World’s Top 3000 Firms cause US$2.2 Trillion in Environmental Damage

Capitalism is great. Apparently, one of the central tenets of the market economy: “there is no free lunch”, does not apply if you happen to be one of the top 3000 publicly-listed companies.

While you and me may get ourselves hauled to court for spitting chewing gum on the sidewalk in Singapore, 3000 of the world’s top companies that have caused a sum of US$2.2 trillion in environmental damage are not obligated to pay anything. The complete report which is due this northern hemisphere summer is being compiled by the London-based consultancy Trucost.

Among the most costly damages stated within the report are emissions of greenhouse gases (making up more than half of the total damage), air pollution, and damage to fresh water resources.

On average, the total damage would be 1/3 of the total profit generated. But nature be damned, money is more important.


Audi 2010 Super Bowl Commercial

The Super Bowl commercials are known in the USA as the premier spot for creative marketing. That’s why you will find weird stuff like this. While I do not believe such extreme measures to be conducive, there is some truth that perhaps the world would be a better place if punitive laws that are already in place are enforced without prejudice.

METI Taps Miku for Handphone Recycling Programme brings news about a new handphone recycling programme by Japan’s Ministry of Economy, Trade and Industry. The difference is METI tapping the talents of various artists to create the music video above starring otaku pop-culture icon, Hatsune Miku – also widely regarded as better than most real singers, although her voice is artificially generated.

People recycling their old phones before buying a new one are eligible for a prize, with a further stipulation that phone to be recycled must be worth more than 2,500 yen. Participants also receive 1,000 yen for their efforts.

This is an admirable display of what governments should be doing to promote both an environmentally conscious lifestyle, and promote the works of local artists as well. That said, 2,500 yen is about RM95.00 at the time of writing. As Karen Gellender at Japanator pointed out: “I question how many cell phones even exist in Japan that cost less than that.”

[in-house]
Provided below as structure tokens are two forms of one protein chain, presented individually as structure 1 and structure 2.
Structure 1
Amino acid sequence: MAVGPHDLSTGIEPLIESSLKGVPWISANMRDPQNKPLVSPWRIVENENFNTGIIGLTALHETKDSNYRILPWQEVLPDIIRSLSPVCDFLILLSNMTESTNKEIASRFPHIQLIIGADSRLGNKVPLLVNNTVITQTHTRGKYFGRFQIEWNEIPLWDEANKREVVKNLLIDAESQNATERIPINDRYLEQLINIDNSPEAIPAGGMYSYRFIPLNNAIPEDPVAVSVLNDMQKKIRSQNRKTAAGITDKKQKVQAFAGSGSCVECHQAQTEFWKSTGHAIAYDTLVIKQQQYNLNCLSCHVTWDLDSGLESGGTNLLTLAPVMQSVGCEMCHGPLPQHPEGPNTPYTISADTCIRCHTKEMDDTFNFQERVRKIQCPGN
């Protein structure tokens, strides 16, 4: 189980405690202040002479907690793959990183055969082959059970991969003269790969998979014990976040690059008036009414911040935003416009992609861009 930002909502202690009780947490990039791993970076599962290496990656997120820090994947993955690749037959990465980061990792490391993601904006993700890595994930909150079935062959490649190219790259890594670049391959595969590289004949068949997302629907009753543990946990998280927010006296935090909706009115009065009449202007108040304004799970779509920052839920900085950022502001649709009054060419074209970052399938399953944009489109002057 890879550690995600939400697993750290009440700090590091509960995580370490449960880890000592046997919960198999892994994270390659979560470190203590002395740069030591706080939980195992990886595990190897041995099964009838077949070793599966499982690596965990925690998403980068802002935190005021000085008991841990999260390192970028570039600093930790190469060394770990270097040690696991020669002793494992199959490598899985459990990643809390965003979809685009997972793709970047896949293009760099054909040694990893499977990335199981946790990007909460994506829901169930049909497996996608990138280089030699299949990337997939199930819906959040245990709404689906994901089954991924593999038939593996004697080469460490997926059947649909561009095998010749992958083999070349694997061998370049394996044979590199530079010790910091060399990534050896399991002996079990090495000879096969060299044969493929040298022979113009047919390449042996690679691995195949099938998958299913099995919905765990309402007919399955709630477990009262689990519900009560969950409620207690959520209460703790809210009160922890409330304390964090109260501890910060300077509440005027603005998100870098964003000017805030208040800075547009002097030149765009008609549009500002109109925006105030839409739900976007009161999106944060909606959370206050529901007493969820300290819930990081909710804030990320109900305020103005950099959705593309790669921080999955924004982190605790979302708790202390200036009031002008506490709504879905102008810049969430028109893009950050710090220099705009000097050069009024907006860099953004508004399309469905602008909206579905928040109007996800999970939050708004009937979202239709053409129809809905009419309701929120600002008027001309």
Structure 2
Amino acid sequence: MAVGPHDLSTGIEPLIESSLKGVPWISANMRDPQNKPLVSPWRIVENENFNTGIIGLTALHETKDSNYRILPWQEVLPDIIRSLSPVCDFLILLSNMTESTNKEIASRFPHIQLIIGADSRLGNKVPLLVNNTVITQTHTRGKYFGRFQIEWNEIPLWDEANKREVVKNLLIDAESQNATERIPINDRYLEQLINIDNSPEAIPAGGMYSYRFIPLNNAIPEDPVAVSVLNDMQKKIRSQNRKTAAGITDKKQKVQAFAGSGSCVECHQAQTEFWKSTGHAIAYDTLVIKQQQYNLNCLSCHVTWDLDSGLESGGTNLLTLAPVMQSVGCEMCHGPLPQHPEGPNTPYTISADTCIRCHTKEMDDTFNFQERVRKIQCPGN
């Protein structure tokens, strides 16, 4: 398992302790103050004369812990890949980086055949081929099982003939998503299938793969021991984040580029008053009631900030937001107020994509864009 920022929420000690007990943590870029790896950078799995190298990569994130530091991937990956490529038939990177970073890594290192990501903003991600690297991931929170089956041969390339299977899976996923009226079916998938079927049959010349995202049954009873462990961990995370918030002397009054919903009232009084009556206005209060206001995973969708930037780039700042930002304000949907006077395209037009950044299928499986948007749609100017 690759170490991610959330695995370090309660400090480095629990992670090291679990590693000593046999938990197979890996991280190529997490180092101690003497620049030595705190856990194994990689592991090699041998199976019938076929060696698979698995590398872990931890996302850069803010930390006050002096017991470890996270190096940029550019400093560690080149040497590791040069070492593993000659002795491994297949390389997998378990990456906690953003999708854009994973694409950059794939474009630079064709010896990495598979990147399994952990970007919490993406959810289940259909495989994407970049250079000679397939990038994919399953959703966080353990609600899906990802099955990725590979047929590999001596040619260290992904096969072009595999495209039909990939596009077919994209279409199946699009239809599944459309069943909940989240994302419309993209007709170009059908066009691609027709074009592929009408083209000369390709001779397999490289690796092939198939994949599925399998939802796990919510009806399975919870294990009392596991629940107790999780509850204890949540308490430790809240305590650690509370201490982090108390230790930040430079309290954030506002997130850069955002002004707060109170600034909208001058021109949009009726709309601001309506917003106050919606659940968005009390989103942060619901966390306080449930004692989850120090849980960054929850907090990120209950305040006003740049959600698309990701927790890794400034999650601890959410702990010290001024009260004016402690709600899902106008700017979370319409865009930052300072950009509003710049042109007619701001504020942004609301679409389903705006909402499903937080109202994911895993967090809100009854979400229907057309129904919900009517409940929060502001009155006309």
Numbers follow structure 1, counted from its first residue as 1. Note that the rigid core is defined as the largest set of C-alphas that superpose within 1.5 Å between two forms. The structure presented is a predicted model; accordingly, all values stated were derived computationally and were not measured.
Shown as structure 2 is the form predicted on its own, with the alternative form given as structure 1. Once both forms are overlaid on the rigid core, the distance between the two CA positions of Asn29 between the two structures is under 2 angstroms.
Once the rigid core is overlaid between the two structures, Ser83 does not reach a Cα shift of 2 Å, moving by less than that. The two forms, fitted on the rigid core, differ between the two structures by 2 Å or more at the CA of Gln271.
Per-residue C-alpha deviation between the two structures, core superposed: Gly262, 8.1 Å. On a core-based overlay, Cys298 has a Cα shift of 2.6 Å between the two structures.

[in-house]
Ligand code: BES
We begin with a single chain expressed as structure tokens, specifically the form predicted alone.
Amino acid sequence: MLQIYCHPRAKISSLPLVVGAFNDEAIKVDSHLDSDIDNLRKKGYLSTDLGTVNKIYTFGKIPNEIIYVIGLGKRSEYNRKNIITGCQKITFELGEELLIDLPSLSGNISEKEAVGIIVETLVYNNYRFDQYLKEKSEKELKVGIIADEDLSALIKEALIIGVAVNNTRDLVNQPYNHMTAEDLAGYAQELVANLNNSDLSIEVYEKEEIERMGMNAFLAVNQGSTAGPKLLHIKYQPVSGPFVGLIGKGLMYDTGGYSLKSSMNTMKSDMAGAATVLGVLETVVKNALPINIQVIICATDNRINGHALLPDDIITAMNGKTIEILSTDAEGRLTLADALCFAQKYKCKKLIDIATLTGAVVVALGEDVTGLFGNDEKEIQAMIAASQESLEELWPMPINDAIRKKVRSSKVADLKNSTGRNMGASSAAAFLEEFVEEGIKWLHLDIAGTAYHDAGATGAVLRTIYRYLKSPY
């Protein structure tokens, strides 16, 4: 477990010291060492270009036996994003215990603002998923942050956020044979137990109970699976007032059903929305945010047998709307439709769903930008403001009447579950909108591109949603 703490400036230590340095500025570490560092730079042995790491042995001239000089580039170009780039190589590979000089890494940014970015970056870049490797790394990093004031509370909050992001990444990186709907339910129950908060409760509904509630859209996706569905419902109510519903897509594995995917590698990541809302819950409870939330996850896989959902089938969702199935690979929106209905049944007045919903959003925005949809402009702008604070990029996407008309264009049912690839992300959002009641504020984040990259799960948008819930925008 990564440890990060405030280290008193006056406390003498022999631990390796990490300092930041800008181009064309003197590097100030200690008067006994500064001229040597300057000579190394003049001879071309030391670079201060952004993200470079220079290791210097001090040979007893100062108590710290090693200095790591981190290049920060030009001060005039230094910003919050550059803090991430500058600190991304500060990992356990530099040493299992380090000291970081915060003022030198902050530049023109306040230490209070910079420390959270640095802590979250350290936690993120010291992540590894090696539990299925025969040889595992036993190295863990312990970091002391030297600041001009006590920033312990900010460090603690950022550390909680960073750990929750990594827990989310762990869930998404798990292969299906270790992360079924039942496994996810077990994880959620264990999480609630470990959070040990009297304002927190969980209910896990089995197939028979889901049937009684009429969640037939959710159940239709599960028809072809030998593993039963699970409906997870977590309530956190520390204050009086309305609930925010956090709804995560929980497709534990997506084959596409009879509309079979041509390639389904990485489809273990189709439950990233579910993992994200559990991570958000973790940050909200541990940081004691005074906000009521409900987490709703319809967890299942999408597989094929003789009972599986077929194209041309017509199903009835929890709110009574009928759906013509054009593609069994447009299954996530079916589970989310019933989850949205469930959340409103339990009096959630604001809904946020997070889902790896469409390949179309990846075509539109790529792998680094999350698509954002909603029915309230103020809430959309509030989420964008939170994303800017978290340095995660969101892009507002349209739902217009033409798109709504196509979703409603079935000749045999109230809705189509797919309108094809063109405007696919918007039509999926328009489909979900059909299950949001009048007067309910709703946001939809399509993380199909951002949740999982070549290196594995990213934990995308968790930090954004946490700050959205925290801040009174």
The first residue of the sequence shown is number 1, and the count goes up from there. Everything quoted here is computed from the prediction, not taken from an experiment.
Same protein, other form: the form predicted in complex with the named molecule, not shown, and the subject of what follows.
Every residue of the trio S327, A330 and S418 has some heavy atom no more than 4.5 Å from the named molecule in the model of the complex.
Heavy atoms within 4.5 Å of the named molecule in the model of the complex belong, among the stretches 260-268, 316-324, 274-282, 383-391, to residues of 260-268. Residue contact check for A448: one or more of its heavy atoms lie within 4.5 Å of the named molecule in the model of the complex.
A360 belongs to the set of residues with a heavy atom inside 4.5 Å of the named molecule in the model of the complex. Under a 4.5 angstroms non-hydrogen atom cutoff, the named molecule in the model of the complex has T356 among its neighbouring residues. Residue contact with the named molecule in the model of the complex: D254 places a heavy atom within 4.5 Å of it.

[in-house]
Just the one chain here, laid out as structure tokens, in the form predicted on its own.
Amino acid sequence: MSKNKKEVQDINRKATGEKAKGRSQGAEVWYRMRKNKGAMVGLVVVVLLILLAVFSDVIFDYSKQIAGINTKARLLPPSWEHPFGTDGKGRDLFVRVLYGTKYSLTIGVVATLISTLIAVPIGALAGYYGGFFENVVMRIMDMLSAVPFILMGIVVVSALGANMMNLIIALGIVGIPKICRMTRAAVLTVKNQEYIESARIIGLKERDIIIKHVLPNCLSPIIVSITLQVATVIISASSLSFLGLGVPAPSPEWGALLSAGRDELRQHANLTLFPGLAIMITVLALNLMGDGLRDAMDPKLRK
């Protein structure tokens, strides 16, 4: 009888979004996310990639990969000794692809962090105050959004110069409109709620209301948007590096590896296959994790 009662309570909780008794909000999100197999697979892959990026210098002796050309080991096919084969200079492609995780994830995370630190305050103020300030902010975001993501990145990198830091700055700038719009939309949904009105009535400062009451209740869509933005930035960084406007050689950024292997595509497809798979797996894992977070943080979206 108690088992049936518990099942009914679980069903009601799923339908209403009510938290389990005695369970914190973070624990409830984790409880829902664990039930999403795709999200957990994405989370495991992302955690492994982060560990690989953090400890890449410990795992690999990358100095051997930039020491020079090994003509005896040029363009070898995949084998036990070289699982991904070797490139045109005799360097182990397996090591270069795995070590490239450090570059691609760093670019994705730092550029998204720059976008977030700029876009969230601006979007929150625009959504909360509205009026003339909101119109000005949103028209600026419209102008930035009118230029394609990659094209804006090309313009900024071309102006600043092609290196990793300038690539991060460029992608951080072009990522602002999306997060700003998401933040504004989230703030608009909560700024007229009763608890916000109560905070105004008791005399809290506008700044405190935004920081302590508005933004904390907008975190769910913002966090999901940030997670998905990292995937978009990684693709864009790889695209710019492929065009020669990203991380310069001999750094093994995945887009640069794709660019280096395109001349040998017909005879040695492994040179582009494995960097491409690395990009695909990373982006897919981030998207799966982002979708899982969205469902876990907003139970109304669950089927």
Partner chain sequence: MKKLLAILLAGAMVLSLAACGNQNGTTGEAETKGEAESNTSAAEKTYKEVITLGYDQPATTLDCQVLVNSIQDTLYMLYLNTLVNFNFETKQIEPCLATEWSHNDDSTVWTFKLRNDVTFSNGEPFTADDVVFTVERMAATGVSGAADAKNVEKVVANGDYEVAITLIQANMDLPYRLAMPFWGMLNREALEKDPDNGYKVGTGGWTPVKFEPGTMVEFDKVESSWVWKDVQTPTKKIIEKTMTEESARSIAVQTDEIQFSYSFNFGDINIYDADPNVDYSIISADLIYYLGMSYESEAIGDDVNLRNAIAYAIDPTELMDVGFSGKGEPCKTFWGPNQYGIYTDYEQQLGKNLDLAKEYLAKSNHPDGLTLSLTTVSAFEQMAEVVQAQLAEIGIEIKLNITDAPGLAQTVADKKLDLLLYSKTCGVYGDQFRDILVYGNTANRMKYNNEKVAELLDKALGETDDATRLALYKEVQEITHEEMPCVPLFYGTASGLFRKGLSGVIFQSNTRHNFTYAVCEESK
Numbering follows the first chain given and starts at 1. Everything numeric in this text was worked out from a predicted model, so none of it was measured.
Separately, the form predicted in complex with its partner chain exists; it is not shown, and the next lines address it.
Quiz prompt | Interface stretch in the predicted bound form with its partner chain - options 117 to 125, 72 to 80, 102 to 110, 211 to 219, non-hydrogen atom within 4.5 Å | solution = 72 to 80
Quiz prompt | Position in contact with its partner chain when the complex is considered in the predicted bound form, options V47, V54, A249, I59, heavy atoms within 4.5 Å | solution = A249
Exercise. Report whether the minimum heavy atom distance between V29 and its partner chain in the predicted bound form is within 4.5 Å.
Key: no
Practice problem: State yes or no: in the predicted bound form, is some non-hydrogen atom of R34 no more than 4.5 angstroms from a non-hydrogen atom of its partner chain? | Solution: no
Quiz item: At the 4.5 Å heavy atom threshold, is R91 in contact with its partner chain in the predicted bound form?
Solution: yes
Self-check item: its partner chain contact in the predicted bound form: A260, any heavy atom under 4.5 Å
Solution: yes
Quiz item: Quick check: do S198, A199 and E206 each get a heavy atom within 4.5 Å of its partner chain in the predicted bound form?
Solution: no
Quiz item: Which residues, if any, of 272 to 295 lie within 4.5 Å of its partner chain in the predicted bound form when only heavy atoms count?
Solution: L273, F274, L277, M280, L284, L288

Future Tech: Glitter Solar Cells, Home Batteries, and Thorium Reactors

We have some pretty cool green technology on the way. Panasonic has announced a new battery that could potentially power a home for one week on a single charge.

As the writer here says, solar and other forms of renewable energy for the home alone aren’t enough to offer us all a constant supply of electricity. That is why surplus energy needs to be stored. Enter the home battery.

Expect the Japanese to own them before us. Continue reading

Copenhagen Ends. Reading Assignment for All.

The document the world has been waiting for since the announcement of COP15 is now available for download. I am no legal expert on the matter, so it will be a while before i can post my analysis. The consensus amongst the scientists and NGOs however, points to the Copenhagen Accord being far too weak to be effective.

Read and discuss the Copenhagan Accord, if you are up to it.

Video: How to Repair the World

I follow Stephen Fry on Twitter, and his tweets range from the mundane, to the observant, to the funny. A few hours prior to this  post being published, Mr Fry posted a twit about the video above, produced by, which is to be presented at COP15.

Click for further details.

FD Using FSC Certified Paper

Het Financieele Dagblad (FD) is a Netherlands-based newspaper that was awarded  the Dutch FSC Award last month for their commitment to sustainable forest management.

The FSC is the most well-known body that provides independent evaluation of the sustainability of a forest management scheme for countries, organizations, or any other body that owns and manages a forest for commercial purposes. Forest managements that pass the FSC’s stringent evaluation criteria are awarded a certificate that affirms the responsible management of a forest.

FD is one of the first newspapers in the world to be printed on Forest Stewardship Council Certified paper. With 2.5 million kilos of paper used every year, and a history that stretches back to the 18th century, the move to print their newspapers using FSC certified paper is a strong statement of commitment towards sustainability.

Hopefully, others will follow their example.

News via the Forest Stewardship Council